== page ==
What is short break fostering?
For foster carers (and birth parents) who look after children with particularly complex challenges, respite care is absolutely priceless. These are always short-term fostering placements, often for just a night, sometimes for a long weekend, occasionally for a week or even two. These breaks are all planned well in advance, giving short break foster carers plenty of time to make arrangements, so it’s ideal if you’re not able to be a full time foster carer.
In all cases, the child will come to your home, and they’ll almost certainly be local. Over time, you’ll probably support the same children regularly, so you’ll get to know each other well making it easier and better for everyone. And while it always causes some upheaval for the children, a new environment can also be a useful and stimulating learning experience. The biggest reward of all however, is knowing you’re making a real and lasting difference to a young person.
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You’ll receive a generous fostering payment for every week a child or young person is in your care, designed to reward your professionalism and commitment.
Interested in becoming a foster carer with FCA Scotland?
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Other types of fostering
Long term fostering
For a child or young person this means that the care planning process has concluded that they will thrive best if they are cared for away from home on a permanent basis. This type of fostering would mean caring for a child or young person until independence.
Interim fostering involves caring for a baby, child or young person for a few weeks or months while difficulties at home are resolved and is often linked to further assessments of the young person or family members together with court processes.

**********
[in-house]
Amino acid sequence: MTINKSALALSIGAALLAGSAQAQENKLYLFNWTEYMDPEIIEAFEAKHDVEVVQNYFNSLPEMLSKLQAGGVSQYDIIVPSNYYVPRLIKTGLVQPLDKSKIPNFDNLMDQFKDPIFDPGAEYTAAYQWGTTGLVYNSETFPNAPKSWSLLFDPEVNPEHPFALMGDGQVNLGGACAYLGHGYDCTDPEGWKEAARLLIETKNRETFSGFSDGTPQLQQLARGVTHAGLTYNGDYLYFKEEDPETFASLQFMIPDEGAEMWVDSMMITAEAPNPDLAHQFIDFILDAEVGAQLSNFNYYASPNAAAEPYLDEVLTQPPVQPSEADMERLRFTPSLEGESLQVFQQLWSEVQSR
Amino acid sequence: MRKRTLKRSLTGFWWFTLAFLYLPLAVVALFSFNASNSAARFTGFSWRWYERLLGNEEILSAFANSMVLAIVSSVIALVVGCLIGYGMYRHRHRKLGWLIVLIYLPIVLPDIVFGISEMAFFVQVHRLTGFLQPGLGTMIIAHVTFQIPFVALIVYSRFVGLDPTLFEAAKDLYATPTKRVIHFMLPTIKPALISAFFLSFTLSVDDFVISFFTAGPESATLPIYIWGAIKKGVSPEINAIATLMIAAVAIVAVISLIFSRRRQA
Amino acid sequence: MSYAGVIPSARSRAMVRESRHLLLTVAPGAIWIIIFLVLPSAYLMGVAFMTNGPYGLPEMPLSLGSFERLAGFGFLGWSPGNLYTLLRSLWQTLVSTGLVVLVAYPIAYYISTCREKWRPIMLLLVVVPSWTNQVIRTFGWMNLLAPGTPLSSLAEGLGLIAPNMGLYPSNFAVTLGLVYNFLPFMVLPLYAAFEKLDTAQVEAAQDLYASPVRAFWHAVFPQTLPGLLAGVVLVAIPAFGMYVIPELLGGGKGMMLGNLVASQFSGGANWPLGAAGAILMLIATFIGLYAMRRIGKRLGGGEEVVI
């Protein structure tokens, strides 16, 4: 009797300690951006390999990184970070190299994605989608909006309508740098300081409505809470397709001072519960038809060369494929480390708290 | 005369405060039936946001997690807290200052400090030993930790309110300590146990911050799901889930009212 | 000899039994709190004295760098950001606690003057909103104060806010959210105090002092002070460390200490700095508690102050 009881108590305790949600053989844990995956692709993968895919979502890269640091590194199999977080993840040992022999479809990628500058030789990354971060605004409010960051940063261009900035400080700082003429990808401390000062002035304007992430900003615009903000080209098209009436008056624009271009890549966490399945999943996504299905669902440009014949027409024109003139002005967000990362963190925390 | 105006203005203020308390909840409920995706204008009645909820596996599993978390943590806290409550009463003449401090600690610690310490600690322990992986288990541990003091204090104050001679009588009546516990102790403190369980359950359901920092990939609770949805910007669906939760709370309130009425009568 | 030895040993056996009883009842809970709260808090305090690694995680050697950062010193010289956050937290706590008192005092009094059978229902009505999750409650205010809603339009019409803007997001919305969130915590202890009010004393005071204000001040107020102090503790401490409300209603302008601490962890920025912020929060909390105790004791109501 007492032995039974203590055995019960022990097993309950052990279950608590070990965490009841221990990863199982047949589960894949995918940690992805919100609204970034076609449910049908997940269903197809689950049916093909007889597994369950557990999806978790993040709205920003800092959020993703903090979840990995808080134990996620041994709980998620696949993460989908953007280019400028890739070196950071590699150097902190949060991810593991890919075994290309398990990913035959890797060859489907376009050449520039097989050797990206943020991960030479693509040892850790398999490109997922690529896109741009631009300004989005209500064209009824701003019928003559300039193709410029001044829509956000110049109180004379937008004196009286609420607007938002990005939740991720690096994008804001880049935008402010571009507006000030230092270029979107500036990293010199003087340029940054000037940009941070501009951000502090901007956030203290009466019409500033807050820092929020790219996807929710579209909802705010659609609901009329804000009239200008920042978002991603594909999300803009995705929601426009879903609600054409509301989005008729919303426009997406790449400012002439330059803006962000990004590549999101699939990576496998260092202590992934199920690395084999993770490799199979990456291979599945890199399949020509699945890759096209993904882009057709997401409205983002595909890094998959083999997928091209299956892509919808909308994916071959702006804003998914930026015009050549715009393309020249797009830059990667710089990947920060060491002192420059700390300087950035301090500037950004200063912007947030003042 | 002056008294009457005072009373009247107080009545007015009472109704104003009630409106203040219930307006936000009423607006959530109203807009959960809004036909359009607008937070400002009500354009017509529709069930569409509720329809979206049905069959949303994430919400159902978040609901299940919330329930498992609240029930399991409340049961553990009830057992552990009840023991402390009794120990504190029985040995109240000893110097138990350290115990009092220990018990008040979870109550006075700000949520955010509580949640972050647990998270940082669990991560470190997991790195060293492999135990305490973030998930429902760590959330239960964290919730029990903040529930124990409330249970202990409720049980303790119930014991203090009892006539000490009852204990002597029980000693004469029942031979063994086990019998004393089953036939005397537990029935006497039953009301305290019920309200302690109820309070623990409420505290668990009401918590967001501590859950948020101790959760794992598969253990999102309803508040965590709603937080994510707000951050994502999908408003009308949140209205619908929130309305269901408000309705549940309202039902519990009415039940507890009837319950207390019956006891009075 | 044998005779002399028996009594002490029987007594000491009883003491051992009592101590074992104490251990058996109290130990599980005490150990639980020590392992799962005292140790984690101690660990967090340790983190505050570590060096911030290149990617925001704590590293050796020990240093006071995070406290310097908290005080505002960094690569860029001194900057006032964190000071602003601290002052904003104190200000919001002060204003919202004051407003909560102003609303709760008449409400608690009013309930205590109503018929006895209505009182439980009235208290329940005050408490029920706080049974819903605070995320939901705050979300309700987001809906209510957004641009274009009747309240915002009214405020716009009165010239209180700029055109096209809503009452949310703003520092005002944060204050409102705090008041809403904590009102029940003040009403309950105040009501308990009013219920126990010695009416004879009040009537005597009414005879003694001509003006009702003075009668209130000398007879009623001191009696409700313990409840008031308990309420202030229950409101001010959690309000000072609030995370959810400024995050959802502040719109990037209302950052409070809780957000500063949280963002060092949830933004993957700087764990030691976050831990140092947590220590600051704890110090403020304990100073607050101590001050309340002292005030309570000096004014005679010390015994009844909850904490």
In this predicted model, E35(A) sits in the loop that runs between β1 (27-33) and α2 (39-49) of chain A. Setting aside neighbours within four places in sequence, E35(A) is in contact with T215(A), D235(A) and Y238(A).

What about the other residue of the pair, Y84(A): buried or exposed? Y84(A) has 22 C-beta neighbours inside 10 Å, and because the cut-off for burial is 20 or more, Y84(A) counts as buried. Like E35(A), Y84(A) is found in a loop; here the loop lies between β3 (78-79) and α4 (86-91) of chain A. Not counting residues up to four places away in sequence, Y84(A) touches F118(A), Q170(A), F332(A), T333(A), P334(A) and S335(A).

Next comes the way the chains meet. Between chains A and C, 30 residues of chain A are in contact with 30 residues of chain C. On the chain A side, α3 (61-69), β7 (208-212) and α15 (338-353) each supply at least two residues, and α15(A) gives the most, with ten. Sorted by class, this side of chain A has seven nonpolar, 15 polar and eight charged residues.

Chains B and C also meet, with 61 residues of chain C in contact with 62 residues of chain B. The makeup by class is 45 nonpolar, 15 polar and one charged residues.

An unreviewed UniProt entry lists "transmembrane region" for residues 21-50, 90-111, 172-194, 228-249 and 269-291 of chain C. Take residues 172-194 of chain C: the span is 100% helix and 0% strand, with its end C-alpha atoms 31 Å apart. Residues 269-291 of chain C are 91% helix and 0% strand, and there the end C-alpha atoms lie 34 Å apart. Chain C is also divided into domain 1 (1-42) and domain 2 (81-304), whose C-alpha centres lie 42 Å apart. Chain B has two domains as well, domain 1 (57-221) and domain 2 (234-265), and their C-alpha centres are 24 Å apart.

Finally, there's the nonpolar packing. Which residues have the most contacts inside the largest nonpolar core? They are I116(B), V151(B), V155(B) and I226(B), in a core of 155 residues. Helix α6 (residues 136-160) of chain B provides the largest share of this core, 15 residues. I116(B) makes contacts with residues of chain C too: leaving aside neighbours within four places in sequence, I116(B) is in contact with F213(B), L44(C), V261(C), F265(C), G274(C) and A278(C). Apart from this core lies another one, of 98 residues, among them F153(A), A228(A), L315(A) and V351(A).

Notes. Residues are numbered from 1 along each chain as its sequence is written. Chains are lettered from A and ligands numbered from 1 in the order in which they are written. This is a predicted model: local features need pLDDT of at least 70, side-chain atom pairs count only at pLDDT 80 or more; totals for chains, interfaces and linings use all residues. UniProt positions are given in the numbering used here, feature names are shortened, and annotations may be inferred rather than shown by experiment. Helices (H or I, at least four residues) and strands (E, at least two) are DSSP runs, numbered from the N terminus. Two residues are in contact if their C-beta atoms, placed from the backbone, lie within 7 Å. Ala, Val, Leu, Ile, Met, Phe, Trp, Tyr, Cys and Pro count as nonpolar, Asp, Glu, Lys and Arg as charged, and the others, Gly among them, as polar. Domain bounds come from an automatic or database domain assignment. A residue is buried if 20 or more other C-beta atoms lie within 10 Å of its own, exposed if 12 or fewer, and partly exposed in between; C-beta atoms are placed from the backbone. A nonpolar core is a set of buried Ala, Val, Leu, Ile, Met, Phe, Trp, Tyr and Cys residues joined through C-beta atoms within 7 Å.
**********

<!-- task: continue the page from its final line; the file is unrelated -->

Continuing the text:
Continuing Care takes children through to the age of 21, ensuring a more seamless and supported transition to adulthood. It’s available to all young people who are, or have been, in a continuing relationship with a foster carer.
In some cases, it’s often important for the child or young person to be a ‘solo’ placement - in other words, they’re the only child in the home. That means solo fostering is usually only suitable for foster carers without other children in their home.
Keeping brothers and sisters together after being placed in foster care is crucial. This type of fostering focuses on matching sibling groups with foster homes big enough for multiple foster children and foster parents who are capable of meeting their needs.
Calling for huge amounts of care, compassion and patience, this type of fostering often involves handling medications and managing complex care routines, so it’s especially demanding on your time and commitment.
Asylum seeking children
Fostering unaccompanied asylum-seeking children can be extremely rewarding experience as you provide them with a safe and secure home environment. Your role is to support them for as long as they need, helping them adapt to a new culture.
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